The discussant considers the authors practice of designing for a tie-rod load of double that calculated by conventional methods using triangular pressure distribution in a sheet pile bulkhead, and describes his practice of calculating the active pressure and redistibution of this as a rectangle of the same area. This leads to a higher tie-rod load. The discussant describes a specific case and explains why the tie-rods of a sheet bile wall failed one after the other until the wall collapsed. The question of why some tie-rods do not fail is also considered. The factor of safety commonly used in steel is perhaps two on yield stress and as high as four on ultimate stress. Thus if the tie-rod load is actually twice that calculated, one is at the yield point but failure does not occur. With high tensile steel, yield and failure are close together and the safety factor is perhaps 1.2 on yield and 1.3 on ultimate. A tie-rod load 1.5 times that calculated will therefore cause failure. Traditional methods of design in this problem are little better than "rule of thumb" and one cannot extrapolate from the "rule of thumb."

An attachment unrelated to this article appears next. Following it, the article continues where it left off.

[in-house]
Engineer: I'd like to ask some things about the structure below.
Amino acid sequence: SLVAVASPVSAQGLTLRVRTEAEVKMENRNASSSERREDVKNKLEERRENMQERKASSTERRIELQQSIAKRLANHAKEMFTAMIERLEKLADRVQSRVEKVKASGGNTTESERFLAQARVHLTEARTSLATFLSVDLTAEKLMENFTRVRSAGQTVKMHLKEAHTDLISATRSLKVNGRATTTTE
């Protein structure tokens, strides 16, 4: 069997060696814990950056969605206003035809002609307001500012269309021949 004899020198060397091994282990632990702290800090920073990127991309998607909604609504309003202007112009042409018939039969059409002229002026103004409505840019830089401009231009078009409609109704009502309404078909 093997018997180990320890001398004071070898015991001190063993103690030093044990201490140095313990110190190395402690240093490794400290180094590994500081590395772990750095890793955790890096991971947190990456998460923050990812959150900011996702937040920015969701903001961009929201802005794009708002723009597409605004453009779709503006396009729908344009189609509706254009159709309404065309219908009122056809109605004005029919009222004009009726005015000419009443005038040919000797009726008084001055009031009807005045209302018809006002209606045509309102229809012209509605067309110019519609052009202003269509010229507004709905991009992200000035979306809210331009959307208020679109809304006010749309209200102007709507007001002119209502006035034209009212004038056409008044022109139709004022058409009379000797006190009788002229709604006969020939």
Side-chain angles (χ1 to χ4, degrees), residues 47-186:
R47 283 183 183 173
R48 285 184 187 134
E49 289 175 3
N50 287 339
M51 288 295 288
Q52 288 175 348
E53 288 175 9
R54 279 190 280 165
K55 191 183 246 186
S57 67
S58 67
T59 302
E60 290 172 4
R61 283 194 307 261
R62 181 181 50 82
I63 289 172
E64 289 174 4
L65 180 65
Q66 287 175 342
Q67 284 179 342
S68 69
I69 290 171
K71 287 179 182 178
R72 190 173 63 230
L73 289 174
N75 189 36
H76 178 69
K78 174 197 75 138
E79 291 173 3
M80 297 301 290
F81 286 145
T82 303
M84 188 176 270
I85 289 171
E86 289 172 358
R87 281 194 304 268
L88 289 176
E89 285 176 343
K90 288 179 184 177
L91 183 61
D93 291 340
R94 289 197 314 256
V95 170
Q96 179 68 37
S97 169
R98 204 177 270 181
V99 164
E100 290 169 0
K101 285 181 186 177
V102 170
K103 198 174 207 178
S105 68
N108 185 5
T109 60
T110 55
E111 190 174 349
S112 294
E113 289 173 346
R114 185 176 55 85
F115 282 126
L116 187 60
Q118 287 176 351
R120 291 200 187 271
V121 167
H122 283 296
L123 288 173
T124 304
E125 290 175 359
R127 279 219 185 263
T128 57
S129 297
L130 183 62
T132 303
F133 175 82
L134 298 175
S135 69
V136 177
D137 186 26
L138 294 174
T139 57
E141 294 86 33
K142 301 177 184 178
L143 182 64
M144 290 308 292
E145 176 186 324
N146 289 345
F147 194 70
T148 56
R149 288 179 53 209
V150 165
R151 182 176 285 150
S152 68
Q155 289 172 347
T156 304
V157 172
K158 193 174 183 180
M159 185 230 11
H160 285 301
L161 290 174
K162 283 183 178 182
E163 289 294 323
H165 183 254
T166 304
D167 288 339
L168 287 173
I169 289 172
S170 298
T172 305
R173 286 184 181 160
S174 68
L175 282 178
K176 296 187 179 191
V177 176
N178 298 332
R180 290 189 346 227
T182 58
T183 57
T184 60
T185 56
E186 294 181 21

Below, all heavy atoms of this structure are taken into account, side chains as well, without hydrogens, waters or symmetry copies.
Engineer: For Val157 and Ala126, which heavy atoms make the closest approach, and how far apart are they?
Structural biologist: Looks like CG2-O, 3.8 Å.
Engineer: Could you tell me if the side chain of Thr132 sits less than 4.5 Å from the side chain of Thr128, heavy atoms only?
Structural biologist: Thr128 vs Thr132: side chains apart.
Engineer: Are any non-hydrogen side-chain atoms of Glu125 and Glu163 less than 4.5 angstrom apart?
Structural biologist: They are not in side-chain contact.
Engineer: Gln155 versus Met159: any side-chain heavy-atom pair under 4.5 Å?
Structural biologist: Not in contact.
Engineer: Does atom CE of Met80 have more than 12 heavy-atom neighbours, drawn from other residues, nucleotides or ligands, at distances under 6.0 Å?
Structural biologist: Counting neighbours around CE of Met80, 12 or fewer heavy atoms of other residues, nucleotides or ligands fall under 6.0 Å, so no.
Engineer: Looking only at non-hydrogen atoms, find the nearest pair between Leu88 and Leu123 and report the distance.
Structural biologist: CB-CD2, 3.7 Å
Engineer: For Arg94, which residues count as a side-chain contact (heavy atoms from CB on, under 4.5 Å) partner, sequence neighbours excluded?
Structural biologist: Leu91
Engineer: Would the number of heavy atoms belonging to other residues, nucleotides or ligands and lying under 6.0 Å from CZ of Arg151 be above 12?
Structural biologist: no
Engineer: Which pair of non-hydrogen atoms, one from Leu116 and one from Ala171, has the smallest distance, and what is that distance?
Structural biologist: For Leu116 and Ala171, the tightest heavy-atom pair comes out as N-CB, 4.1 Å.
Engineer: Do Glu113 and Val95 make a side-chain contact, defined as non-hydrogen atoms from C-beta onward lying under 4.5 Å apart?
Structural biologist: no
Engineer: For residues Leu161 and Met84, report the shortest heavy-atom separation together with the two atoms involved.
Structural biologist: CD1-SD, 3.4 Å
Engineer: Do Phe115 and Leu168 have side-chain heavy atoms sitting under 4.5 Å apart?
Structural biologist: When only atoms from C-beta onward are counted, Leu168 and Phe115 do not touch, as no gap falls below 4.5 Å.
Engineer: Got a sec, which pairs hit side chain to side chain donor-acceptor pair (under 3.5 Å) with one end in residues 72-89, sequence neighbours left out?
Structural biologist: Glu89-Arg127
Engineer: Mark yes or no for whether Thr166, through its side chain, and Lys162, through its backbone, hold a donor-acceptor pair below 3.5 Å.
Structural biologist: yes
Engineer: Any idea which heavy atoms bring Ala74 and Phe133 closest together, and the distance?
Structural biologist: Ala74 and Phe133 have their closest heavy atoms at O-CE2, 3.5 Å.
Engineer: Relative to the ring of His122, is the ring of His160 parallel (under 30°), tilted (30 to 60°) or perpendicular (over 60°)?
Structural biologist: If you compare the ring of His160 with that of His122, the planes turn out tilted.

• Supplemental Notes:
    • A discussion of COMMENTS ON CONVENTIONAL DESIGN OF RETAINING STRUCTURES by L. Casagrande, Proc Paper 9568, Feb., 1973
  • Corporate Authors:

    American Society of Civil Engineers

    345 East 47th Street
    New York, NY  United States  10017-2398
  • Discussers:
    • Golder, H Q
  • Publication Date: 1972

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Filing Info

  • Accession Number: 00262401
  • Record Type: Publication
  • Files: TRIS
  • Created Date: Nov 12 1974 12:00AM